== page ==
6 ASP.NET MVC UrlHelper Quick Tips to Maximize Your Link Management

Use these 6 tips to make your URL management easier in ASP.NET MVC 4.

Written by Jonathan "JD" Danylko • Last Updated: • MVC •
Link Management

When you first got into web development and developed your first web site, it was probably a simple 2 or 3 page site, probably static, and a LOT of links.

If a page's URL changes, you would have to change every link on every page that referenced that URL. Not cool!

So over the years, I've found a number of ways to lower your stress when managing your links across your 1000-page website (What? You don't have one?) ;-)

Here are my top 6 ways to manage your links across your own ASP.NET MVC website.

  1. Place your links in one place.
    When I mean place your links in one location, I don't mean place them into one HTML View. I mean logically partition your links in a Helpers\Url folder by class or, if you have a small web site, place them into one class for easy reference.

    When you're asked to change a pages' location and that means touching hundreds of pages of links to change, you learn this tip...REAL QUICK! :-)

  2. Remove your Url.ActionLinks from your Views.
    I would say that 60% of every ASP.NET MVC application I've seen, a majority of people use the good old Url.ActionLink syntax when building their links on a View.

    Instead of using Url.ActionLinks, replace them with
    <a href="@Url.RootUrl()">
    Why? 5 reasons:

    1. It makes your HTML code more granular
    2. It makes your code more readable
    3. It makes your code compile-able with no "magic strings"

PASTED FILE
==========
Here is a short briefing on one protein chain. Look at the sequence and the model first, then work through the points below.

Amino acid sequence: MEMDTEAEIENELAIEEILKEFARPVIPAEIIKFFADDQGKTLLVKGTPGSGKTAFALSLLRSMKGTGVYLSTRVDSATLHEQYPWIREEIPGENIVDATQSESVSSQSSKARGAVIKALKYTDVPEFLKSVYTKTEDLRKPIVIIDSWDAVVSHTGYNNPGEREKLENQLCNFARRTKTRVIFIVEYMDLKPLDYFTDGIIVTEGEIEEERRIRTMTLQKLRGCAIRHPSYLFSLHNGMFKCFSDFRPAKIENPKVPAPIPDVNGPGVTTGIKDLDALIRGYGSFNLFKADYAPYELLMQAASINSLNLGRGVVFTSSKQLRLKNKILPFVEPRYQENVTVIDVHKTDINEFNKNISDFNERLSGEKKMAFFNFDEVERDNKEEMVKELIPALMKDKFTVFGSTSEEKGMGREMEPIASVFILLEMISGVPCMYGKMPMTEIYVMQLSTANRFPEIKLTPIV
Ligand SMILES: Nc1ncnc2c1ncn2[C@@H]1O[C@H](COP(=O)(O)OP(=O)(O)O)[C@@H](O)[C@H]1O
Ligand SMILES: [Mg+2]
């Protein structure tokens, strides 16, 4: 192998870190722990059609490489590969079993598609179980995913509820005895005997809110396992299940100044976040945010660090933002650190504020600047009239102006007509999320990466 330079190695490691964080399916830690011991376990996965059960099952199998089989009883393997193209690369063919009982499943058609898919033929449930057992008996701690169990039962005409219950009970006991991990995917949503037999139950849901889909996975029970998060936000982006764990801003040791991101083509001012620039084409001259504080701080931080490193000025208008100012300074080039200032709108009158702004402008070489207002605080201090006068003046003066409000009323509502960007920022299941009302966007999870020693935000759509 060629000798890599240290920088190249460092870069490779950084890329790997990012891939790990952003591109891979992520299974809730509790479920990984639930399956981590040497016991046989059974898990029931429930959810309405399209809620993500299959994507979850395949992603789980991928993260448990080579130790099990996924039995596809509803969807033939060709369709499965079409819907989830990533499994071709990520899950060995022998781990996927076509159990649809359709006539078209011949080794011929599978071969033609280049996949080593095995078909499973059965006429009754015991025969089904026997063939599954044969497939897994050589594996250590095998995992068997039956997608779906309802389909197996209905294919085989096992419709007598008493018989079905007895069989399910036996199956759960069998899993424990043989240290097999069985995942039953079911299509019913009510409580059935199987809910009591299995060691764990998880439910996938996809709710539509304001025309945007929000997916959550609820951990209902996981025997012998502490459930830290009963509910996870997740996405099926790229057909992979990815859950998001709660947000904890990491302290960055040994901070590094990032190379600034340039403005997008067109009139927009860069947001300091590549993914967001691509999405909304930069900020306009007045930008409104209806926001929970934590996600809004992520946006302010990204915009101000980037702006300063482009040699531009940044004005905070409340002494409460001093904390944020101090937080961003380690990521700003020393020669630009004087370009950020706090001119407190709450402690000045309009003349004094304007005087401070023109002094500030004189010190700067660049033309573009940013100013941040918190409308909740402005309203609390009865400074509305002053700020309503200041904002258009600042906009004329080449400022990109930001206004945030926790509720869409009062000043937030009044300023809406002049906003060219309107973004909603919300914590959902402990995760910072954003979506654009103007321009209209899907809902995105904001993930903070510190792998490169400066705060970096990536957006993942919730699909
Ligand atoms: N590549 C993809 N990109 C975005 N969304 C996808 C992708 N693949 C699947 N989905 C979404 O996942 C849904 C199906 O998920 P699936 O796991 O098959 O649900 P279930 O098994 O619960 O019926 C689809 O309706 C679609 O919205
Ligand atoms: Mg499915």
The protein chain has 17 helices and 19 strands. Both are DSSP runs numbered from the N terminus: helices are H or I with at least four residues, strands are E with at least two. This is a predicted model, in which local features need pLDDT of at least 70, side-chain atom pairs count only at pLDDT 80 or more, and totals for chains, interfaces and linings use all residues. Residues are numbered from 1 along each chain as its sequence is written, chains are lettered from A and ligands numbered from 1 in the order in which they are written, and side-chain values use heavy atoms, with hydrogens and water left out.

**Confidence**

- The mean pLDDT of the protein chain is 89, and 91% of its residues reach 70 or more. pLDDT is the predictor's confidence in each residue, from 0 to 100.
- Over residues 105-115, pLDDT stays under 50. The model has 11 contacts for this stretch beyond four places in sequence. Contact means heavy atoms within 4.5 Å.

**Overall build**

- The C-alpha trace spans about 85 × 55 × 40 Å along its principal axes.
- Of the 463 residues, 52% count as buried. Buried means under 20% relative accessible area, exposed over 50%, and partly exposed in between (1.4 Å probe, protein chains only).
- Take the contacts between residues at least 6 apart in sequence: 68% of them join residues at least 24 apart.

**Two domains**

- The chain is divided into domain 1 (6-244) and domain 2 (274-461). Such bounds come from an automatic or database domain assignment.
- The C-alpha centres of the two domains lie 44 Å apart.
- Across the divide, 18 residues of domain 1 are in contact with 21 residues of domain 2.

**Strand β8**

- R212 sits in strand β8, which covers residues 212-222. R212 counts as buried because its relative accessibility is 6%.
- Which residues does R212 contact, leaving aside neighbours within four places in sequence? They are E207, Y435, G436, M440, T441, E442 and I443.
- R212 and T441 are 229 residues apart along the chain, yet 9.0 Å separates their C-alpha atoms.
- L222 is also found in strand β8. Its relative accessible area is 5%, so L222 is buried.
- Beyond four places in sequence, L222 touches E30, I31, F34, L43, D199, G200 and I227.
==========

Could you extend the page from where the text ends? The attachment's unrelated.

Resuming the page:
4. It removes the human error factor from fat-fingering a link
    5. It refers back to tip 1 which implies that all links are in one centralized location.

  3. Use #regions
    I can just hear all of the developers groaning and moaning about regions, but I find them helpful when I have a large list of URLs that I can easily see at-a-glance where everything is located in the class. As I've said before, it's like a table-of-contents for link management.

  4. Use Url.RouteUrl whenever possible
    The Url.RouteUrl is the fastest generation of a Url in ASP.NET MVC. Period. There were tests done comparing the different types of link generation and Url.RouteUrl was the fastest out of all of them. I have seen it's speed on a link directory web site I wrote back in 2012. After replacing the Url.ActionLink with Url.RouteUrl, there was a significant speed boost.

  5. Overload your UrlHelpers
    There are times when you need to pass in an object as opposed to a string or integer, so why not use both. It doesn't hurt to have both. So if you have a FAQ link like below:
    public static string FaqPageUrl(this UrlHelper helper)
        return helper.RouteUrl("Default"new { @controller = "About", @action = "FAQ" });
    There's no harm in adding this one as well (so long as you need it).
    public static string FaqPageUrl(this UrlHelper helper, int number)
        return helper.RouteUrl("Default"new { @controller = "About", @action = "FAQ", @id=number });
    So not only can you have a link that goes to your FAQ page, you can also have a link that goes to a FAQ number loaded from the id as well. Here's how you'd use it in the example below:
    <a href="@Url.FaqPageUrl(2)" title="Going To FAQ number 2 page">
  6. Use common UrlHelpers in every project.
    If there are common links you use, place these UrlHelper routines in your scaffolding to speed up your development. For example, here's one for a Root Url that will take you back to a main page.
    public static string RootUrl(this UrlHelper helper)
        return helper.Content("/");

I hope these UrlHelper tips make your link management a little easier on you when developing your ASP.NET MVC web site.

Happy Coding!

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Picture of Jonathan "JD" Danylko

Jonathan Danylko is a web architect and entrepreneur who's been programming for over 25 years. He's developed websites for small, medium, and Fortune 500 companies since 1996.

He currently works at Insight Enterprises as a Principal Software Engineer.

When asked what he likes to do in his spare time, he replies, "I like to write and I like to code. I also like to write about code."

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